In Part 2 of our exclusive interview, Recording Academy president/CEO Harvey Mason, Jr. shares his journey from the NCAA Final Four to Hollywood blockbusters. Don’t miss Part 1!
You grew up in a musical household, I understand.
My mom was a trombone player, my dad was a drummer. They met in college. My mom went to the New England Conservatory of Music, my dad went to New England Conservatory and to Berklee College of Music. I was conceived and born in Boston, then moved to L.A. when my parents came here to be studio musicians.
I went to work with my dad. I used to go to clubs with my mom and dad when he was playing shows. As my dad evolved into a producer and a songwriter, he would take me to his projects. My summer vacation would always be spent at a studio somewhere.
I grew up around music my entire life, and all the studios that I work in now, or that I used to work in, are very familiar to me from my childhood.
In a crazy turn of events, when I got the opportunity to be involved here at Evergreen, I remembered as a young kid coming to this studio and running around when my dad was here doing sessions and scoring dates.
But you eventually went to college on a basketball scholarship?
I was an All-American basketball player in high school and was recruited to a bunch of schools. I chose the University of Arizona, where I played for four years and went to the Final Four in 1988. My teammates all went to the NBA: Steve Kerr, Sean Elliott, Kenny Lofton; all these great players.
I ended up going toward music after I finished college. In Tucson, where U of A is located, I started writing jingles for brake shops, burger stores and fitness clubs. That was how I earned a little bit of money to start buying my first pieces of equipment. I was writing songs when I wasn’t doing jingles, and the quality of my jingles kept getting better as the quality of my songwriting was improving. I was buying every compressor, microphone and preamp that I could to try and improve the quality of my record productions, which ultimately helped my jingle productions. It also allowed me to generate money to get me out to L.A. so I could shop my music. And that’s how I got started.
What would you say was your first big break in the music business?
My first big break was meeting an executive at Motown Records named Guy Abrahams [director of A&R]. I was stalking him, throwing cassettes over his fence, sending letters to his house and to his work. Finally, I was outside Motown Records, and he invited me to come in and play him my music. He gave me my first job, a remix for an artist on Motown. That led to other songwriting and production opportunities.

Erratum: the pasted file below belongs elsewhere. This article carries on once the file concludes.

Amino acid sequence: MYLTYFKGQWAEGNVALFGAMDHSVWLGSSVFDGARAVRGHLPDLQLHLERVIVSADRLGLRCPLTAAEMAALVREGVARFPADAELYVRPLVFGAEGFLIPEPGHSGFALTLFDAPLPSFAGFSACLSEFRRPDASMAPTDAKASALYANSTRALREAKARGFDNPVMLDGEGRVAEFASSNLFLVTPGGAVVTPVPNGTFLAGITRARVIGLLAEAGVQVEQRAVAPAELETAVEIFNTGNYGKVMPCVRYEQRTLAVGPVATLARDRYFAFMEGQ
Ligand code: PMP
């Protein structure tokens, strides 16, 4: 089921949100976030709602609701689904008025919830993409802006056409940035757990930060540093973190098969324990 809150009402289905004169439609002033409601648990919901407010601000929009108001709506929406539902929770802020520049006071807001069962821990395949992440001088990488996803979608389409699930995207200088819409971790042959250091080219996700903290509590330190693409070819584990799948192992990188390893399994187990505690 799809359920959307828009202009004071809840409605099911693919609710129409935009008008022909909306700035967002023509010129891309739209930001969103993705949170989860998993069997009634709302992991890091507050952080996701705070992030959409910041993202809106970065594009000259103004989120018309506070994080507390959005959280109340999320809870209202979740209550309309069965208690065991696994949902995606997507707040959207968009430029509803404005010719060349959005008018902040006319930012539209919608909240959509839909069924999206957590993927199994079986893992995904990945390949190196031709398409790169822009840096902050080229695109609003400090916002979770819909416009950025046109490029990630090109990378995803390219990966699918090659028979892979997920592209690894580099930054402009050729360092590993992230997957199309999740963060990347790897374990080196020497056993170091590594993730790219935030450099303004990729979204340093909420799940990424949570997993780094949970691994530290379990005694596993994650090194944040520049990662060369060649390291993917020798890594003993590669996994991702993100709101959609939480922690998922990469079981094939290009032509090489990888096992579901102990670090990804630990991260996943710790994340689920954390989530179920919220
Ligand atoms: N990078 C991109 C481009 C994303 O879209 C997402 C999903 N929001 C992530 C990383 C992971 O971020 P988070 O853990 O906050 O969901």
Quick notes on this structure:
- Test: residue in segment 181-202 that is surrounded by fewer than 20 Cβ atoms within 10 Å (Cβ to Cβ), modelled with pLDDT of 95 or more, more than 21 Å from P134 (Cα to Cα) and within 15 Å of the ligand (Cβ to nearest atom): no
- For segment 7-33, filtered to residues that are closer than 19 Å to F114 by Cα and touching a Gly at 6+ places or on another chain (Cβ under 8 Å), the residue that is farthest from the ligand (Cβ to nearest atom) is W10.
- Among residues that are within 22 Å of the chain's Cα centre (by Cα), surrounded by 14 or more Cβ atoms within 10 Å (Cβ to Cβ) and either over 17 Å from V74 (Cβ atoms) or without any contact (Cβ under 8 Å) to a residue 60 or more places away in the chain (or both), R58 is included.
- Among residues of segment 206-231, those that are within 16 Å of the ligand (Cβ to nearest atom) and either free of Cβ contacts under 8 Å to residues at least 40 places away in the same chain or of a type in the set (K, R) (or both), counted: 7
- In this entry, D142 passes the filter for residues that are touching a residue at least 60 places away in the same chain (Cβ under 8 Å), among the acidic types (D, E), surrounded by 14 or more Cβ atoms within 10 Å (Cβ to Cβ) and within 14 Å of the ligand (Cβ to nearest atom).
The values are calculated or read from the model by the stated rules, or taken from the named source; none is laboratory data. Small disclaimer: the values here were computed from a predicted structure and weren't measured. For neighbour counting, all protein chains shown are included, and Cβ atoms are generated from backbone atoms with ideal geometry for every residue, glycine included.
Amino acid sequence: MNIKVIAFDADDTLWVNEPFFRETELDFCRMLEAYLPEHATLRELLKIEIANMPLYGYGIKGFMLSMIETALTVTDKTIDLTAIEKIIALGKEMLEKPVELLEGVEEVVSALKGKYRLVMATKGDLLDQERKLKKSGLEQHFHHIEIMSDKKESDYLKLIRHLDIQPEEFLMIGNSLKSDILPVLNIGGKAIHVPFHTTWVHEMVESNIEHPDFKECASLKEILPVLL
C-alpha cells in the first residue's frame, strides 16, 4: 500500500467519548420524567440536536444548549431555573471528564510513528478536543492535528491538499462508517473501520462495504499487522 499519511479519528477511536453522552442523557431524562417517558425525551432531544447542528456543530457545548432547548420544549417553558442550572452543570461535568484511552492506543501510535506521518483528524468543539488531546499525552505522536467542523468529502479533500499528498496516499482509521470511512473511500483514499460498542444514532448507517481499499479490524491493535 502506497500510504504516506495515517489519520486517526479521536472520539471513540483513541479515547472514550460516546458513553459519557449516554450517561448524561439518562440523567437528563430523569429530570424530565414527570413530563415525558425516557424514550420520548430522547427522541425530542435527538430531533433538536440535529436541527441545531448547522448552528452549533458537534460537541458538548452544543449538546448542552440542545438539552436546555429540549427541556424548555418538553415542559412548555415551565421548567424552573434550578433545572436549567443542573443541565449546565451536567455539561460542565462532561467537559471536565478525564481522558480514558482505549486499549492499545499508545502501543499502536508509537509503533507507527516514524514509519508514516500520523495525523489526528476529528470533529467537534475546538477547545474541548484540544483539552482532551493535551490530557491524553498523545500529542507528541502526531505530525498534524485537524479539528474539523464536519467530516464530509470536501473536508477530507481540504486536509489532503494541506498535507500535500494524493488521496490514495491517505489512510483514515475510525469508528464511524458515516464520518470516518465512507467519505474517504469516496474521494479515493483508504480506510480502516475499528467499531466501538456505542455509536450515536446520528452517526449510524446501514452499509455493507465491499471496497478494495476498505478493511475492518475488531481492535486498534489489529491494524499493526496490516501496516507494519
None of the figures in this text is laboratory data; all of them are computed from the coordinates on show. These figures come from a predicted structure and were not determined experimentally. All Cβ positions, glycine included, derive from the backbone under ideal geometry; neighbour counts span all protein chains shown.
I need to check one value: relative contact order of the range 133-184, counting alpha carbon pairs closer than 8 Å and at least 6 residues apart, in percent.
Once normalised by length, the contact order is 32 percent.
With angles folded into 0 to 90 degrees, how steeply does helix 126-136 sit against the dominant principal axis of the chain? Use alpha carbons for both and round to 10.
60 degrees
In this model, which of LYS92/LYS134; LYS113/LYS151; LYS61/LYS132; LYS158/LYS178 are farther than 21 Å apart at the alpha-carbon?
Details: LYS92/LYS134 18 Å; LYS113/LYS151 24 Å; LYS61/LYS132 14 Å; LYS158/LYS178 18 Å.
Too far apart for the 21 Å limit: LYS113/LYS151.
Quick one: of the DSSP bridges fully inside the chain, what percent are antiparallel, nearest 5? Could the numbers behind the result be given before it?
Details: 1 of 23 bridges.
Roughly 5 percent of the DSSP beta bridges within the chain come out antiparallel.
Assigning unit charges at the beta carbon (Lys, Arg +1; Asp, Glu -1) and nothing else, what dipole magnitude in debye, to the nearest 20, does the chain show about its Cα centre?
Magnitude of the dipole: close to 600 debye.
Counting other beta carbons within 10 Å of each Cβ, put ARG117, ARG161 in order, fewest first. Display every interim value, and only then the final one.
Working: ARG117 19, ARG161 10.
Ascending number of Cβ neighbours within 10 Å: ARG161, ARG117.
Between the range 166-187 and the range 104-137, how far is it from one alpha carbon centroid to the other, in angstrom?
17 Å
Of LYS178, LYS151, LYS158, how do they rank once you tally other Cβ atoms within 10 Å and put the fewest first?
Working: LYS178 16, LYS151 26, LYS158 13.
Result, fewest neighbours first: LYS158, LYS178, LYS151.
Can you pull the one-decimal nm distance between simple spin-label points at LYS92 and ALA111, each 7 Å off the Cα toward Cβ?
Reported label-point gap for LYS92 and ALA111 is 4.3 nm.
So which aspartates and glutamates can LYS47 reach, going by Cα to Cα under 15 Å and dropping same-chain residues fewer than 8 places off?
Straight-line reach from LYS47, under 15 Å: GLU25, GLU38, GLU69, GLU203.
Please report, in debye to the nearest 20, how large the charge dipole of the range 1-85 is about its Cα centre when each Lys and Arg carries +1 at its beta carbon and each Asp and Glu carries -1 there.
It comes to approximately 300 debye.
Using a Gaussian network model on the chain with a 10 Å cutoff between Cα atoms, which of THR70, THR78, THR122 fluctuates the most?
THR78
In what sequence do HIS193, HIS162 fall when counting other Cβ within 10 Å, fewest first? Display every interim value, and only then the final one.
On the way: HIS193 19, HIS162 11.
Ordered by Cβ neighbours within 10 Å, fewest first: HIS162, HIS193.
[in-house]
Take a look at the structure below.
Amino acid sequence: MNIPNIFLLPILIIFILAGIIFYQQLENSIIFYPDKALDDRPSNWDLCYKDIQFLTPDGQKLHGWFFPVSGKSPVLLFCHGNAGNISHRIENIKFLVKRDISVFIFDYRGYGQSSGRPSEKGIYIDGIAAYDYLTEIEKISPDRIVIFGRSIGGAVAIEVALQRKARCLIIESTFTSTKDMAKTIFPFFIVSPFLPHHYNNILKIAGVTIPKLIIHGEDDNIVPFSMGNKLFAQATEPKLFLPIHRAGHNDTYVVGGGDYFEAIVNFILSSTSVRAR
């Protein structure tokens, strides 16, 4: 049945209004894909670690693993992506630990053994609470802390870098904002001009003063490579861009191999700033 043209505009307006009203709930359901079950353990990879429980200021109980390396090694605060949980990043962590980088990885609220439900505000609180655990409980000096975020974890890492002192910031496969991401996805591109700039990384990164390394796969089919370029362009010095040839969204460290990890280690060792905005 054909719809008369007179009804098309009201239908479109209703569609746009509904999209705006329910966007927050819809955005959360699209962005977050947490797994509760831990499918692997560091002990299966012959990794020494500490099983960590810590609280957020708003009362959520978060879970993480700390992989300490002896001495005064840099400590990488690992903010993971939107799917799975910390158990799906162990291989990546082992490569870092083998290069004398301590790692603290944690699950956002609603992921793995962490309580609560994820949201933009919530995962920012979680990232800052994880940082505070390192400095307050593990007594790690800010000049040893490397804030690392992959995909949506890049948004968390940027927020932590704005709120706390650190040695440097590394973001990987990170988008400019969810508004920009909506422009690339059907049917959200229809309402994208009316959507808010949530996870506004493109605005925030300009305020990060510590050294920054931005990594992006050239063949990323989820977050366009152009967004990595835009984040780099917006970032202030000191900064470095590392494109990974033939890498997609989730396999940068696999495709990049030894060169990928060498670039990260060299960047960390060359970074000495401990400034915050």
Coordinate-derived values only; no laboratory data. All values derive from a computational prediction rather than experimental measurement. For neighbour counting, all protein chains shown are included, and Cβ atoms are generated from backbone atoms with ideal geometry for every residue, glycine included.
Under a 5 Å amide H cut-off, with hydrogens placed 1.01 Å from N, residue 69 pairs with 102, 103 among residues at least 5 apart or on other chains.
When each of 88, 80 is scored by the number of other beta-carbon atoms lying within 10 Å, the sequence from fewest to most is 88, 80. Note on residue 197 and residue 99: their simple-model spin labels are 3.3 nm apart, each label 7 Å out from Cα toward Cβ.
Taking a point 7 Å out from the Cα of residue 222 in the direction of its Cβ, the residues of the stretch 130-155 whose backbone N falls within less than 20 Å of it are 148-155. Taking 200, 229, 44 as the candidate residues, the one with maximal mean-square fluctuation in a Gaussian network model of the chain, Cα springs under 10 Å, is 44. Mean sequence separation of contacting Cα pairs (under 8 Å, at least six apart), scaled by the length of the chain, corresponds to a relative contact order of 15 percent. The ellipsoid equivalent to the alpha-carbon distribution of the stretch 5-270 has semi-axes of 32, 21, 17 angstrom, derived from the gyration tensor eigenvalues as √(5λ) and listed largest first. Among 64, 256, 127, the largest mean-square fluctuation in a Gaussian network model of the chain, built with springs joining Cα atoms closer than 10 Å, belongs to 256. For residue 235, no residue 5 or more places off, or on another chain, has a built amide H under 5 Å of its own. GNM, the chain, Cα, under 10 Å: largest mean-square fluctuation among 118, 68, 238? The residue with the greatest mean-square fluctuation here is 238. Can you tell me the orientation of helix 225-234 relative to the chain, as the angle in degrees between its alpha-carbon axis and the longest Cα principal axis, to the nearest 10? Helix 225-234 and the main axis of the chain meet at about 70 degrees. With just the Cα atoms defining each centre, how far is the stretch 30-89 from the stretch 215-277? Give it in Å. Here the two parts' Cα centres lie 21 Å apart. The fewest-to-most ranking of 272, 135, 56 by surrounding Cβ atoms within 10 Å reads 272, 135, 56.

The next big touchstone moment for my career was working on the Brandy record with [songwriter and producer] Rodney Jerkins. He heard a song that I had written and invited me to come in and co-produce the song with him on Brandy. That became a working relationship with Rodney’s company that lasted two years.
We went on to do a ton of amazing records—Destiny’s Child, Toni Braxton, Whitney Houston. We had a run of huge Number One records.
A lot of those projects involved the vocal production work that you’ve become well known for. And you’ve parlayed that into the movie business.
An opportunity came to us to produce music for Dreamgirls in 2006. That film had, I think, 60 pieces of music in it. It was a real eye-opener and an opportunity that I wanted to pursue. I saw a way to diversify my company from just doing records to also writing, producing and executive music producing for film. I went on a long run of music-based films. Not scoring; I found a niche doing films and TV projects with a strong music component, like Straight Outta Compton and Pitch Perfect, and animated films like Sing and Sing 2. I can use my experience of making records and as somebody who can coax or produce the best vocal performance from an artist. I think that helped me be able to work in the film and TV space. That became a really big focus for my company.
You produced as well as executive music produced Respect in 2021. Was that the first film where you were involved at that level?
I produced a film called More Than a Game earlier in my career, a LeBron James documentary [released in 2008]. Then, yes, I produced Respect, the Aretha Franklin biopic, with Jennifer Hudson. I have probably 10 other projects in different stages of development and production. My experience and knowledge of how music drives culture is something that I’ve brought into my film production, so a lot of what we do is based around music.